American Christians should be particularly anxious to help collect resources, and to serve these people when they come with welcoming, open arms.  Aside from the fact that such action is the only one I can think of in a situation like this that is consistent with what we claim to believe as Christ followers, it is an unusual evangelistic opportunity.  There are some Christians among these refugees, but most of them are Muslims, coming from a country, and an environment, where any sharing of the gospel has been highly restricted, and most of anything these people have heard about the Christian faith has been wrong, or from only a Muslim perspective.

All of a sudden, there are hundreds of thousands of Syrian refugees in European countries where there’s absolutely no restriction whatsoever on sharing the gospel, and they are in need in such a way that kindness shown to them would go a long way toward opening a door to at least being able to see the real Jesus, and real Christians.  Noting that Canada, our secular, socialist neighbor to the north, has opened a door to Syrian refugees not only to find freedom from fear in a camp somewhere, but to put their skills and education to use, and make a permanent home in Canada, if they choose.  That’s the sort of opportunity that Christians should be promoting, eh?

Fear and lack of understanding are enemies of freedom, which means they are restrictions on the forward movement of the Kingdom of God.  Here’s a real opportunity and a real calling for Christians in America to set aside the accumulation of resources for our own enjoyment, and do something positive to advance the kingdom of God.

Stop Whining, and Answer the Question Please!

Perhaps I’m old fashioned, and my expectations of political candidates are at odds with what is expected these days, but I think the GOP field, and the RNC, have made a calculated error in their recent criticism of CNBC’s moderation of their most recent debate, and their suspension of further moderation by the NBC network.  And while I understand the level of frustration caused by the lack of individual face and response time in televised debates, these are not paid infomercials for the candidates.  There are too many candidates, and that’s one problem.  But it seems like what the candidates want now is the opportunity to determine the questions in advance, and avoid having to answer on the spot, on their feet.  Silly me.  I thought that was the whole purpose of a presidential campaign debate.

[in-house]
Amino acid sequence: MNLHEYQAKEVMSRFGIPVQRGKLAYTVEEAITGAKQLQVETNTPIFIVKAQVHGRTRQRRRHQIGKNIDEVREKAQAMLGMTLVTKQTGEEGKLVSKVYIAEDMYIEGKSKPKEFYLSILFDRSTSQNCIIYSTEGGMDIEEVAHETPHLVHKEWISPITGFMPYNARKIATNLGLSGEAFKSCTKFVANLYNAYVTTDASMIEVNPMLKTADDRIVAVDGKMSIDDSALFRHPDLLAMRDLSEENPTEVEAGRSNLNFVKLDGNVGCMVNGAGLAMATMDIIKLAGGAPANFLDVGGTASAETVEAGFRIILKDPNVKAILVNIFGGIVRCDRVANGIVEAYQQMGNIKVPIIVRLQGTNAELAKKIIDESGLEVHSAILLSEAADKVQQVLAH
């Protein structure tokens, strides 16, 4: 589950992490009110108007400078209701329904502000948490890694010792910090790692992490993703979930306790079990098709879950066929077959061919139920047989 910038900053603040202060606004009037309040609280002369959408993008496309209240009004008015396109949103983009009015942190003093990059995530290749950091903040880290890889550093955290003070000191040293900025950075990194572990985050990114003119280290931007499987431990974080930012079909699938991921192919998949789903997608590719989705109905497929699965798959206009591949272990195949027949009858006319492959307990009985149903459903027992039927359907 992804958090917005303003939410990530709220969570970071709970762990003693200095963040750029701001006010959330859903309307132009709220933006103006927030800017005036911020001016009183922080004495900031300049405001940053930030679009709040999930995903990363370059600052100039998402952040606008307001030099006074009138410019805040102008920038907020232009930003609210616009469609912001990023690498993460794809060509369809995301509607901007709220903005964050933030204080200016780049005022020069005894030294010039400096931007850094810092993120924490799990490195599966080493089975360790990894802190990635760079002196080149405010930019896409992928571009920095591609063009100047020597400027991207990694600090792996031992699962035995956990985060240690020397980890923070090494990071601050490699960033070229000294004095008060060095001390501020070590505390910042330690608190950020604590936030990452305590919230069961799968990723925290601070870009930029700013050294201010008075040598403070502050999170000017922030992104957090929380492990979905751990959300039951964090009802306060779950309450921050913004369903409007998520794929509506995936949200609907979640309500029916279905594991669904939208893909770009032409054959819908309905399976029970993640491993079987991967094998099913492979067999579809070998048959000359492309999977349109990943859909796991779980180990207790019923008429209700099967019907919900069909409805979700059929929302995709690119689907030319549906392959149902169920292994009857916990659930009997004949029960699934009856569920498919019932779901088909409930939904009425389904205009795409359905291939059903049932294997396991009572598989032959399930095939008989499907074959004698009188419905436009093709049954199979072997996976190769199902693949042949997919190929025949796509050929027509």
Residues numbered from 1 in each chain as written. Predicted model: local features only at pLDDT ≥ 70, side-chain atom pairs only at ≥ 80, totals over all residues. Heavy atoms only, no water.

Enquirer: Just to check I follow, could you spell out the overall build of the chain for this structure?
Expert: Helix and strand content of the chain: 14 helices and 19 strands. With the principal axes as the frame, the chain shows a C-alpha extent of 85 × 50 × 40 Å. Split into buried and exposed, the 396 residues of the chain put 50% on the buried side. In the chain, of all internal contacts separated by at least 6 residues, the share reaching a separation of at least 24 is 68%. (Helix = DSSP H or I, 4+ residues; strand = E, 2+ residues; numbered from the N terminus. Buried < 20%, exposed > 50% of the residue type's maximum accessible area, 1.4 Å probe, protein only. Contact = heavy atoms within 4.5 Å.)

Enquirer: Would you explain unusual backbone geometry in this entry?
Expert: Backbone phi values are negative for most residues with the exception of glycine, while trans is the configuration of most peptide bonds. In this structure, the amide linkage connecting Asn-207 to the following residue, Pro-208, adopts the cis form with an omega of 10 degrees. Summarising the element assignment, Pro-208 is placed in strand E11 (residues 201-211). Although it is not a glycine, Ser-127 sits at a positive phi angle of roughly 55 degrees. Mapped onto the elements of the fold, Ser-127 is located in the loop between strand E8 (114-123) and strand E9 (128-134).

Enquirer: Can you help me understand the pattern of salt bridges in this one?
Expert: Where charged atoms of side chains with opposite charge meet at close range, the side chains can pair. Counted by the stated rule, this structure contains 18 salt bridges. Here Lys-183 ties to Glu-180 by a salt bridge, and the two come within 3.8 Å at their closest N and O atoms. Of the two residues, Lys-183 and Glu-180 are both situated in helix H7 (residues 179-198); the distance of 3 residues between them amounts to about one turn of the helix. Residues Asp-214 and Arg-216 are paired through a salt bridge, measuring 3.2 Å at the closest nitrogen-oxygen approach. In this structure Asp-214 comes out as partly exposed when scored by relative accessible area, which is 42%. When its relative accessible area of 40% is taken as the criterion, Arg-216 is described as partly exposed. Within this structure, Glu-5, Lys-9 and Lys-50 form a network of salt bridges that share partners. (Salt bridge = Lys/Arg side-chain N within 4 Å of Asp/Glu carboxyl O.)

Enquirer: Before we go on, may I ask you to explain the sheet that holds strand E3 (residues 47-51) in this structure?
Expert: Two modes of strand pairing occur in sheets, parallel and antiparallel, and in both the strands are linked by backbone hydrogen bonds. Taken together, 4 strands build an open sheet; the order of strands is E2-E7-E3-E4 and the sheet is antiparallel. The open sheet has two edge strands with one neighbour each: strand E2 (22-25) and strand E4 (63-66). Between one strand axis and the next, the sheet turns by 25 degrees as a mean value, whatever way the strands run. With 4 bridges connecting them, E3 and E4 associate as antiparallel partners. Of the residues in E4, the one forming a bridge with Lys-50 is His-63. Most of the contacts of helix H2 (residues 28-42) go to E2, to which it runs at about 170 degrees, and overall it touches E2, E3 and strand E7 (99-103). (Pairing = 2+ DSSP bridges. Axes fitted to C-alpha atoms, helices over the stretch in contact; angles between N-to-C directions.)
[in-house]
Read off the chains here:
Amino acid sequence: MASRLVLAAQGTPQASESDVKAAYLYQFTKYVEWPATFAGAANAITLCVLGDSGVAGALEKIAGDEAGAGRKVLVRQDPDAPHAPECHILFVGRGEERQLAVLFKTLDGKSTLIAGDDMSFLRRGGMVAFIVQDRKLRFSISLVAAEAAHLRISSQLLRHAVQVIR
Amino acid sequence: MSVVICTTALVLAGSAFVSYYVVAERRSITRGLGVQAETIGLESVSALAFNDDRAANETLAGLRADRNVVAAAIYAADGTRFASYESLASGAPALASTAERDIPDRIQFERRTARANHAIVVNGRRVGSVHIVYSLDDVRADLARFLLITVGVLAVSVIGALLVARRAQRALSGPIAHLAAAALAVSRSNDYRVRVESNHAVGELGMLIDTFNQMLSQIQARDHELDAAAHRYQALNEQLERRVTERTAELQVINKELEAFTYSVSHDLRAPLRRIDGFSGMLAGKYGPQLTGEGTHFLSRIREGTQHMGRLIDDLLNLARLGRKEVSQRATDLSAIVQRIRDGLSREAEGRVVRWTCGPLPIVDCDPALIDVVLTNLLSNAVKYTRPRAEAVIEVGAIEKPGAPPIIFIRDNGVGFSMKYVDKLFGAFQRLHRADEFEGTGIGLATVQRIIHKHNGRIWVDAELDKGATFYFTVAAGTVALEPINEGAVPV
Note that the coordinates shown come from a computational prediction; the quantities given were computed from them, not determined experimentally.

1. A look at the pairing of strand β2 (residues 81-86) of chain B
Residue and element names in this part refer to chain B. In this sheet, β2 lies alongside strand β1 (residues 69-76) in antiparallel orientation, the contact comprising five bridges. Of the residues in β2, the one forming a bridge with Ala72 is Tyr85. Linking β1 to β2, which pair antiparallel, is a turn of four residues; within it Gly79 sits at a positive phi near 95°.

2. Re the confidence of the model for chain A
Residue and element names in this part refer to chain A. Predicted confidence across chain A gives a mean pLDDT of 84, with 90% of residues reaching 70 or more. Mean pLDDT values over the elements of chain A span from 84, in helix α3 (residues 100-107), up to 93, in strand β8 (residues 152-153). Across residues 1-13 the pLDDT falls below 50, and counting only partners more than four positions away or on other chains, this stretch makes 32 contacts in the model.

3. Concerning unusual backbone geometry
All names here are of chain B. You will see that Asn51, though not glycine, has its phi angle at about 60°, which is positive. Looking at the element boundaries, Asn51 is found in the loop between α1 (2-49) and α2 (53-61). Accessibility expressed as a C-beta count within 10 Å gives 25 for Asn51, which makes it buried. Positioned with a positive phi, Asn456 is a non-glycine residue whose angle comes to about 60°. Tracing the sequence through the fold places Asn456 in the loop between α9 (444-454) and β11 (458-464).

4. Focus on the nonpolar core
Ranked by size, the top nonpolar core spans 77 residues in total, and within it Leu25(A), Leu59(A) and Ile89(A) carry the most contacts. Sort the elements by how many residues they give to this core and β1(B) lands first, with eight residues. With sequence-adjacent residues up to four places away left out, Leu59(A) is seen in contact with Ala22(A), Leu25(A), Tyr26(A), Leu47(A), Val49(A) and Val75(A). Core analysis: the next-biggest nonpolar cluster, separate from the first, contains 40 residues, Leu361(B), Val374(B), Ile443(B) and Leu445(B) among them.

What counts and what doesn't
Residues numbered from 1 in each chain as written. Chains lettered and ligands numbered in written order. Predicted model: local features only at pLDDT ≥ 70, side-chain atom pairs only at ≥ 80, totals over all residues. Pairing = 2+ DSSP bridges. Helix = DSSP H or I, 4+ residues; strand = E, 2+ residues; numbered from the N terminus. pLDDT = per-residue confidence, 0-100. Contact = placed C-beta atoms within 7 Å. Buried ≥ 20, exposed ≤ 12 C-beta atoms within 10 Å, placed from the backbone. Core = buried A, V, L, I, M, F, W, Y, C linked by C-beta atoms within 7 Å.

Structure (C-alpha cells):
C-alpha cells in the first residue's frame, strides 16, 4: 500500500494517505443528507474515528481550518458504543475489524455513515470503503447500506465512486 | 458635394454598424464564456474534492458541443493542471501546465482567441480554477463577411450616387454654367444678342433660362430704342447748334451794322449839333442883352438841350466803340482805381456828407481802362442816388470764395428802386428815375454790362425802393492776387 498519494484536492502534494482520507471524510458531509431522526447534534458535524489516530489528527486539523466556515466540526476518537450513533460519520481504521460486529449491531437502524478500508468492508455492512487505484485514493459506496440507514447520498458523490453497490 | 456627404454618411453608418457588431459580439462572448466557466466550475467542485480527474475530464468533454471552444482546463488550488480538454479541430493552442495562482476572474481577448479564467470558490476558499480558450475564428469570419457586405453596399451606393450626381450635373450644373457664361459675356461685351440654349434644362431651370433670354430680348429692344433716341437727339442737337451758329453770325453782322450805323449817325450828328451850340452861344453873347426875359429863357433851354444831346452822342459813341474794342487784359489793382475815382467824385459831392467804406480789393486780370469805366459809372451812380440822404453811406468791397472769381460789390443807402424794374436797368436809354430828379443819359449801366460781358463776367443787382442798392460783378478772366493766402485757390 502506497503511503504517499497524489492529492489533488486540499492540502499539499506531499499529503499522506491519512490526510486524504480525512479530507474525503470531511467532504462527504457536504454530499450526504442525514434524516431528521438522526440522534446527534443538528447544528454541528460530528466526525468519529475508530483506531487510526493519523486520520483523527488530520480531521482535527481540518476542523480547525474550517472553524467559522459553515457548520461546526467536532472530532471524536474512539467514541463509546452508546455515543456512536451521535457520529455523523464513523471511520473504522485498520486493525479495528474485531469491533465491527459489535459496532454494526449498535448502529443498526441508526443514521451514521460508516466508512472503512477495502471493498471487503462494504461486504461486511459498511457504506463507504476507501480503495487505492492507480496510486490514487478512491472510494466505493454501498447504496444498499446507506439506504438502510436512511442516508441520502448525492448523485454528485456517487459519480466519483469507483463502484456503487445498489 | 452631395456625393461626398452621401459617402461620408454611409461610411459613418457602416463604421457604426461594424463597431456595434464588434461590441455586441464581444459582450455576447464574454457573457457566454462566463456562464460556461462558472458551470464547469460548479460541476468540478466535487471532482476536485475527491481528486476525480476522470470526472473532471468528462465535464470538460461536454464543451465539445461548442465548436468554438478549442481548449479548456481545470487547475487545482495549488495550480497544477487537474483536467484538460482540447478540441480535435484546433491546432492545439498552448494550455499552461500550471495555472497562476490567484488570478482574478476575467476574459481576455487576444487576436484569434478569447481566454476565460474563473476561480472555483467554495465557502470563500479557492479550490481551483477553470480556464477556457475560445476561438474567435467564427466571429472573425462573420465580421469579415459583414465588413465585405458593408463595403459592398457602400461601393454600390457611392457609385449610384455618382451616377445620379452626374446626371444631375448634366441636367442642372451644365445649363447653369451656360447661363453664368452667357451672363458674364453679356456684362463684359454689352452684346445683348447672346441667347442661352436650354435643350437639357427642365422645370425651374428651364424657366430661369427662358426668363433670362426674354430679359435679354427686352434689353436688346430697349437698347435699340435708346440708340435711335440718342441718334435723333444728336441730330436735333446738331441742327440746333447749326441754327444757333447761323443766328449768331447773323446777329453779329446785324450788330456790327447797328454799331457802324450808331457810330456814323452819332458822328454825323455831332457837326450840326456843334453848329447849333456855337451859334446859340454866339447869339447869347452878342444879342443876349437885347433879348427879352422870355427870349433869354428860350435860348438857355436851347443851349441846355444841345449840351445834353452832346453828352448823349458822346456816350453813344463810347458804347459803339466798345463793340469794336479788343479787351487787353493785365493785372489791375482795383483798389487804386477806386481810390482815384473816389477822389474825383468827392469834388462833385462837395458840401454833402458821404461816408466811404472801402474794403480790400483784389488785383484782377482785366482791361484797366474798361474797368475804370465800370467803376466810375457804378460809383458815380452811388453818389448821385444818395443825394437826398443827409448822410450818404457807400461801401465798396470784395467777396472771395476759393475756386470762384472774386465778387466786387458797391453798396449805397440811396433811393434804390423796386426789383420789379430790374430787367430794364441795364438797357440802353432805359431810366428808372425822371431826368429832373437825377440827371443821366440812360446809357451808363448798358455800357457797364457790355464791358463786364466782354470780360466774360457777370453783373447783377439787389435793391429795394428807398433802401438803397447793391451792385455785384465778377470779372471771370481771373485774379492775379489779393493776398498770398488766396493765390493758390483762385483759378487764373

We’ve long since abandoned the rules and form of debates when it comes to politics.  Enforcing the time limits, and the rules, and sticking to some kind of expected form for scoring and evaluation was never really the goal of a political debate, anyway.  The idea is to put candidates together so that people can see where they differ, and observe their strengths and weaknesses when it comes to the responses.  For me, the best debates are those that take place once the parties have named their nominees, and the general election is coming.  These debates with candidates lining the stage, and each one getting perhaps five minutes, while the dominant candidates interrupt, and attract the attention away from others, aren’t doing much except frustrating everyone, and precipitating attacks on the stage, and then later on when the dominant candidates hog the interview time.

Personally, I think scattering the debates among several media outlets, to bring in a variety of questioning techniques and perspectives, was an excellent idea, and fits with what the party should be trying to accomplish in these days before the primaries begin.  The whining began early, when Donald Trump attacked Megyn Kelly and the Fox News debate team following the first debate which they moderated.  Fox News?  Really?  They weren’t exactly easy on the candidates, though the line of questioning was certainly much more compatible with the GOP’s expressed views, and the rest of the candidates were more comfortable with it.

At some point, the President of the United States is going to have to deal with up front, open, honest, and sometimes incredibly biased questioning from the media.  Whining about it is the least effective response.  Most of the candidates did shift their response, when they sensed where the questions were going, and planned their strategic responses, in order to stay on focus and keep their message coming forward.  The problem, of course, was that they didn’t really have the time they needed to come across that way.  So, when the tension broke, and frustration hit the ceiling, a few of the candidates hid behind the “liberal biased media” accusation, and let that become their debate statement.